Sat, Oct. 23

Column: Hiking in Arizona during the summer is no joke; be prepared

This 2017 file photo shows a rescue of a hiker in Sedona. Hiking can be dangerous in Arizona if a person is not prepared. (Independent file photo)

This 2017 file photo shows a rescue of a hiker in Sedona. Hiking can be dangerous in Arizona if a person is not prepared. (Independent file photo)

Having to write news briefs about hikers being found deceased, or alive but needing search and rescue, is never a fun part of the job.

So why do we do it? Mostly, we aim to bring awareness to the dangers of hiking during the summer months in Arizona.

Recently, two hikers were rescued from Meadow Canyon near West Clear Creek where luckily, Coconino County Sheriff’s Office (CCSO) search and rescue was able to find them.

The two 19-year-old males from Phoenix were eventually hoisted out by rescuers using a mechanical rope setup at the top of the canyon by 3 a.m., nearly 10 hours after the two called for help.

Recently, however, another man wasn’t so lucky.

Missing for nearly a month, Prescott native Patrick Higgins was out four-wheeling July 12 with some friends when their vehicle got stuck. The friends hiked out first, with Higgins staying behind until the next morning when he himself attempted to hike out.

No one had seen him since.

On Aug. 7, the Yavapai County Sheriff’s Office (YCSO) search and rescue team responded to a call from some other hikers that a body had been found in the Bannie Mine area near Walker on the outskirts of Prescott.

The YCSO back country search and rescue squad made their way to where Higgins was located, but because the terrain was too difficult, and sunlight fading, they were forced to wait until the next morning.

Three of the search and rescue members actually stayed with Higgins’ body overnight until a DPS helicopter arrived to hoist the body out of the ravine.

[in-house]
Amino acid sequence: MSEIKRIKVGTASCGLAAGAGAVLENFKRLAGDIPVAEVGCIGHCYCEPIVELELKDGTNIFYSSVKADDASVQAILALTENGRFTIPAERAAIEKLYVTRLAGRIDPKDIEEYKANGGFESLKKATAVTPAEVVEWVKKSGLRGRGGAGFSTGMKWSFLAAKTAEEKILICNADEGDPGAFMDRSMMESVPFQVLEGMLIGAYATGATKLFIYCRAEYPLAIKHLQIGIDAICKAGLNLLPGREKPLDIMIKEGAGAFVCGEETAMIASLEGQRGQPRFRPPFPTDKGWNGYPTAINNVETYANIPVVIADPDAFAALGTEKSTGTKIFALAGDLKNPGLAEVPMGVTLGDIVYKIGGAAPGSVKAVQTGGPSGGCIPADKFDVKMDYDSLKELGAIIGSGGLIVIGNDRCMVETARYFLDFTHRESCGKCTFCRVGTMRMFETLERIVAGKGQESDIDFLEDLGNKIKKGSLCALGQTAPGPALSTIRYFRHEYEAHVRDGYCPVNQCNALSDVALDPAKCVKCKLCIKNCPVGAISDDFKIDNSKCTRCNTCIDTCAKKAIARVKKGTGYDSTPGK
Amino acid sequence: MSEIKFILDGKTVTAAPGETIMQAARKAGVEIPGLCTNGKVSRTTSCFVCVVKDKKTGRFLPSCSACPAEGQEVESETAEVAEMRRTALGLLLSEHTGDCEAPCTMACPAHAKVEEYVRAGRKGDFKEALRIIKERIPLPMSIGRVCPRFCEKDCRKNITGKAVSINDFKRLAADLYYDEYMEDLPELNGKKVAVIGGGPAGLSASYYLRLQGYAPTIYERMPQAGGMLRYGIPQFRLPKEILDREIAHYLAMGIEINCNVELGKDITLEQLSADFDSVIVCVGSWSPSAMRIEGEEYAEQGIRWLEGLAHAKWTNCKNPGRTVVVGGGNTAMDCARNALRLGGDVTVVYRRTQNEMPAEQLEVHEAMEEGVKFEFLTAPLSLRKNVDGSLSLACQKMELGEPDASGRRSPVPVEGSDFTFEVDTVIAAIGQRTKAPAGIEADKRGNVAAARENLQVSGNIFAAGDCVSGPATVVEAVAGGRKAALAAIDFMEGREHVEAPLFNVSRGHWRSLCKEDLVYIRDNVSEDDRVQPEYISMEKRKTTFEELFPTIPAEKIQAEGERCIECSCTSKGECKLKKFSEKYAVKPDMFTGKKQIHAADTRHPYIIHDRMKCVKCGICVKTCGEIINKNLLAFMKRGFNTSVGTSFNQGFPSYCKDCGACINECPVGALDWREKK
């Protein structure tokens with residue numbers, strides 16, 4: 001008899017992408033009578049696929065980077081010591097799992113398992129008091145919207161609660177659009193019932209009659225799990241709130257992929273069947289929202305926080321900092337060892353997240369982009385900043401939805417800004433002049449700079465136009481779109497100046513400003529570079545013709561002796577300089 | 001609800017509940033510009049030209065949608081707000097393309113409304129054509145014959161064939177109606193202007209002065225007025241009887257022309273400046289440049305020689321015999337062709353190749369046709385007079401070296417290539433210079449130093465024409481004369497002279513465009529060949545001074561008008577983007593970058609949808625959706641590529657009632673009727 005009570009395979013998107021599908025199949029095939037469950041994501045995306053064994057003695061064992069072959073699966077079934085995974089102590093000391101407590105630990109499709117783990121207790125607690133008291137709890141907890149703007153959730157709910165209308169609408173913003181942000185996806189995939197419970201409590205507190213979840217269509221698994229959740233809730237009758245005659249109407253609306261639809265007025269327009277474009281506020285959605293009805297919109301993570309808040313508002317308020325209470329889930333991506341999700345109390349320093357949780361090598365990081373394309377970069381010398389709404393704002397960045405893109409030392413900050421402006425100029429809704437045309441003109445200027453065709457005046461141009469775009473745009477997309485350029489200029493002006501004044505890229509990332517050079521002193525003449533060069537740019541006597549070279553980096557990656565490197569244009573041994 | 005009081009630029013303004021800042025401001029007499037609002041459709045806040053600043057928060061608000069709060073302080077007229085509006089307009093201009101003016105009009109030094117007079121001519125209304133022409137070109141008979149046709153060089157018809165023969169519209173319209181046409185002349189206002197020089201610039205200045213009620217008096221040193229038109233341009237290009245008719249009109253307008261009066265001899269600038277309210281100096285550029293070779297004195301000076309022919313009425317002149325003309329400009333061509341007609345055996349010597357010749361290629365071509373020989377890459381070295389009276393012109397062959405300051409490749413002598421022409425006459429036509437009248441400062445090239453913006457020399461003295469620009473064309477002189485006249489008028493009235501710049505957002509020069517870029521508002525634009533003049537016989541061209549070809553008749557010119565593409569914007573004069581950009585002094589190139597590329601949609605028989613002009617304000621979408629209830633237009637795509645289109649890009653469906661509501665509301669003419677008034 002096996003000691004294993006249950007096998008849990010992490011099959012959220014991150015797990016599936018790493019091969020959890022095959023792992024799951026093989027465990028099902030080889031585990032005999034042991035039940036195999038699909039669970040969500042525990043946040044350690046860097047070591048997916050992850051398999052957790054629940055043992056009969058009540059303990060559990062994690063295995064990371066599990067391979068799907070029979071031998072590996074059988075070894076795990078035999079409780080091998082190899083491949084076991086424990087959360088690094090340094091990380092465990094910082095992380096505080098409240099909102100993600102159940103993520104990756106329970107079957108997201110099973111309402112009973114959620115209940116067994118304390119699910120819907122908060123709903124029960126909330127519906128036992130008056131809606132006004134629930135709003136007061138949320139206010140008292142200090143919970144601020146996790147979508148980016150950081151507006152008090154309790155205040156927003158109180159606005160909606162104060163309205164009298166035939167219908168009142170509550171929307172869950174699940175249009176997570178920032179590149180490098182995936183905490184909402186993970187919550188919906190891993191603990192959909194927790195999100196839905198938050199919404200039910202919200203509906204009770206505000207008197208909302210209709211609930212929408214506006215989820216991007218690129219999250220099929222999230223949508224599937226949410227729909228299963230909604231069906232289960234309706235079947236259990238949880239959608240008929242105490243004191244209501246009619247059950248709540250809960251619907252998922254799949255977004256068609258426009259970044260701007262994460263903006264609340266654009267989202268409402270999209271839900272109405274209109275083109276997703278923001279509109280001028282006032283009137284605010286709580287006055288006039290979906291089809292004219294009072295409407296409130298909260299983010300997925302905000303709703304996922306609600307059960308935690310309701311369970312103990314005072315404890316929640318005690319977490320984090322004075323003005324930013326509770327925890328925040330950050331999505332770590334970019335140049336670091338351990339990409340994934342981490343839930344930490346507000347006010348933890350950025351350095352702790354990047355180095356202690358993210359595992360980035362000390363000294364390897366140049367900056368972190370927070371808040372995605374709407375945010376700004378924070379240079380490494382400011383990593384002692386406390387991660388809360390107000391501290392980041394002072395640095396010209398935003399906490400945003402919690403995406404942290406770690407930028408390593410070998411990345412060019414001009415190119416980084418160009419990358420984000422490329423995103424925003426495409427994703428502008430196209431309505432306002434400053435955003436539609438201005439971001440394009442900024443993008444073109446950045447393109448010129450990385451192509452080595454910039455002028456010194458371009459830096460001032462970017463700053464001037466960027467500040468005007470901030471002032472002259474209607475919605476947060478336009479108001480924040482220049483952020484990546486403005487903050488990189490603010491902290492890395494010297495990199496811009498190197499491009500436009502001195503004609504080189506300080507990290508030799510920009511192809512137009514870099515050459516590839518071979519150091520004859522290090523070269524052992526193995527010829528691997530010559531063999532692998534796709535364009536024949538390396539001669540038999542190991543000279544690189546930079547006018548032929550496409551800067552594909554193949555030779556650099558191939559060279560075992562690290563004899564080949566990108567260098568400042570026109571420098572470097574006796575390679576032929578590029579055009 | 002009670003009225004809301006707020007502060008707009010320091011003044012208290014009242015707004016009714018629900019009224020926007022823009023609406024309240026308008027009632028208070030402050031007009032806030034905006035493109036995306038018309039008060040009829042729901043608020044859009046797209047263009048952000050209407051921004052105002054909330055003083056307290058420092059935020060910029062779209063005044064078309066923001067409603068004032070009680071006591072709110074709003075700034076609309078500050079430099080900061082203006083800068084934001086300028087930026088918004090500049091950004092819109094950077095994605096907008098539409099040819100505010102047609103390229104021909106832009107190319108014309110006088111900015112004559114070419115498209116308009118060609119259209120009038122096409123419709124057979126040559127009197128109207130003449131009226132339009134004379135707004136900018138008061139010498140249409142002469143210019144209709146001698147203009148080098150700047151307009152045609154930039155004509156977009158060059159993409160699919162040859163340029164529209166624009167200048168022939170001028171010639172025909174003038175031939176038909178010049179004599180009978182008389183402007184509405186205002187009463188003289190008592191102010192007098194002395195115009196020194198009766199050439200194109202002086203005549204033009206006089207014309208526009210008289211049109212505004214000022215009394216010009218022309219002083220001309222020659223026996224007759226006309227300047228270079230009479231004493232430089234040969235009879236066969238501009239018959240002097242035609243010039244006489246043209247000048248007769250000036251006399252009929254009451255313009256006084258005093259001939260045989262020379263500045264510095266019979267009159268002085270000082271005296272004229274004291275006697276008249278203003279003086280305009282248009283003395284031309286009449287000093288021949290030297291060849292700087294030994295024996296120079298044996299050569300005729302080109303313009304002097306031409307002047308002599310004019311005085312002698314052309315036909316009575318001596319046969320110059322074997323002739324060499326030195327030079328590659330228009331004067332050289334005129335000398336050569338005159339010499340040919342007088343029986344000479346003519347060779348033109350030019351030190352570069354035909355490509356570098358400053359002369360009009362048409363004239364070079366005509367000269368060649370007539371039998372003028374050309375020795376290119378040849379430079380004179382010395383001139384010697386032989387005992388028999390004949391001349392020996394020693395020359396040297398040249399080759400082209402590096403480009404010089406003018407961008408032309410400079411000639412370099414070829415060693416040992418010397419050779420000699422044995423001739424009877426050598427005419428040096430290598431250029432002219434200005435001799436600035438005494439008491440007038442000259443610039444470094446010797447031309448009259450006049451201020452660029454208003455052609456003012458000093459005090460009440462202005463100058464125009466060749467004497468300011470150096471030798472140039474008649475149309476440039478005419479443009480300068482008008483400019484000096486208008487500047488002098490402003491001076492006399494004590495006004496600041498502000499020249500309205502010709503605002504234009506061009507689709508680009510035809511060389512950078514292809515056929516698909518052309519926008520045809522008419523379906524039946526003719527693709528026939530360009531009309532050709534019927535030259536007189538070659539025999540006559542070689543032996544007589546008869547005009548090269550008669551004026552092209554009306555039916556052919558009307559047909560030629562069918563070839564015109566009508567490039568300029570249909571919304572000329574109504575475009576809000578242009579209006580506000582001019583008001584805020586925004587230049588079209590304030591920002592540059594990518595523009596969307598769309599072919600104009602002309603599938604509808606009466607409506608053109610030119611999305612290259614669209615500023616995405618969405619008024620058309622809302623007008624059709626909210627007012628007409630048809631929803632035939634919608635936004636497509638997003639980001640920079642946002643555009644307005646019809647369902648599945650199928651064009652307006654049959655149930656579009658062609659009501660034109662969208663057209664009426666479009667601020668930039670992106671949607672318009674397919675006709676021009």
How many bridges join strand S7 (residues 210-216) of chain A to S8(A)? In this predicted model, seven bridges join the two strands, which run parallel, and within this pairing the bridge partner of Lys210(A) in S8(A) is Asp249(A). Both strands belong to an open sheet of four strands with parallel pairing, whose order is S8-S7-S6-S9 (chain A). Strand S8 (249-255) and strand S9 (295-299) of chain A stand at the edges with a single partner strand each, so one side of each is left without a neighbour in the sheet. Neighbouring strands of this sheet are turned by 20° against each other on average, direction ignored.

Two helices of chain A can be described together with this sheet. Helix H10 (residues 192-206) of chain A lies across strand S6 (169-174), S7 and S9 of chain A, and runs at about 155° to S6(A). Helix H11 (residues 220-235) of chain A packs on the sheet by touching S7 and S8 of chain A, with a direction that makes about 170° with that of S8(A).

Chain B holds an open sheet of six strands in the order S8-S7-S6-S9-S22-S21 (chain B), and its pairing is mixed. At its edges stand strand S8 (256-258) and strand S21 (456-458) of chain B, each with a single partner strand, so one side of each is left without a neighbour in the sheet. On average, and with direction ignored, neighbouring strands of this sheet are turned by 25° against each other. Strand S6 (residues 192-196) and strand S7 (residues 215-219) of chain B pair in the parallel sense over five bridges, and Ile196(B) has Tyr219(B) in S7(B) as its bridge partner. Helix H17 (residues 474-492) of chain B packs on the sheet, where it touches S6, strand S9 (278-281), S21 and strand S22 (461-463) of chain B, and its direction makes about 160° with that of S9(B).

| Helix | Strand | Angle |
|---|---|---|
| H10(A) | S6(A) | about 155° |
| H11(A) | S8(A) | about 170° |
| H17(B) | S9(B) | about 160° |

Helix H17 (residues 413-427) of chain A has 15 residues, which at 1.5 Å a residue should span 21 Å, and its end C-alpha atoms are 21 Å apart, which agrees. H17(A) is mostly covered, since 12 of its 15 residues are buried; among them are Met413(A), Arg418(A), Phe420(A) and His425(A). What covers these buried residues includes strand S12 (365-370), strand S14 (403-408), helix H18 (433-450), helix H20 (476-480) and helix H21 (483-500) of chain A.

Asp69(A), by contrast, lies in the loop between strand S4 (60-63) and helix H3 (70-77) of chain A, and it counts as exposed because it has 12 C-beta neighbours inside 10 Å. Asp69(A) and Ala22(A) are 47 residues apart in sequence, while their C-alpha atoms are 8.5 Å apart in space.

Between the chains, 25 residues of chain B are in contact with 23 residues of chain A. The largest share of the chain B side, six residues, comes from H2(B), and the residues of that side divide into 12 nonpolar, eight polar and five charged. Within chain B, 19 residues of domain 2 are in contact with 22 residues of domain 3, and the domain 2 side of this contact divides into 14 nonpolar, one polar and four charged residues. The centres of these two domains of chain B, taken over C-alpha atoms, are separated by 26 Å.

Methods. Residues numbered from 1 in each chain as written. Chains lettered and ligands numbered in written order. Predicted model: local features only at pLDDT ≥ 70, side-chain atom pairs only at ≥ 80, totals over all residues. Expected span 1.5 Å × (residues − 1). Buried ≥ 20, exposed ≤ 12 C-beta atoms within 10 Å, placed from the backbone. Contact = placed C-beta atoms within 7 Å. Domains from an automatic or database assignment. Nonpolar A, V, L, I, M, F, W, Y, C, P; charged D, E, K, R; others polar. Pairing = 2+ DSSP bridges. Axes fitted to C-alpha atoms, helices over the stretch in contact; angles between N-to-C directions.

“We are all lucky to have such dedicated volunteers and public safety professionals willing to give their time and risk their own safety to make sure Patrick and others are brought home to their families,” Yavapai County Sheriff David Rhodes said after hearing about the rescue.

So what can be done to prevent such tragedy? Or from getting lost in the first place?

There were more than 500 heat-related deaths in 2020, according to the Arizona Department of Health Services, and several were due to hiking.

Obviously, Arizona has some of the best hiking trails in the country. Hiking is a great way to unplug and get in shape (or stay in shape). It can take you away from civilization and off the grid, if that’s your thing.

With that, here’s a list of “10 Essentials” Sgt. Aaron Dick from CCSO recommends in addition to a charged cellphone when taking an Arizona hike:

• Water … at least 2 liters to start;

• Food … snacks, salty and sugary;

• Extra clothing … it could rain; add lip balm and sunscreen to this item;

• Navigation equipment;

• Flashlight;

• First Aid kit … elastic bandages, bandannas, moleskin, safety pins, tweezers, scissors, gauze, anti-bacterial ointment;

• Shelter material;

• Fire starting kit;

• Pocket knife; and

• Signaling equipment.

This may seem excessive. In fact, many people probably never need most of these listed items when they’ve gone out on a hike. But, to be safe, hikers should always be prepared.

You never know!

For more information about hiking in Arizona, visit

Follow Brian M. Bergner Jr. on Twitter and Facebook at @52MediaWorks. Email him at, or call 928-634-2241, ext. 6033.

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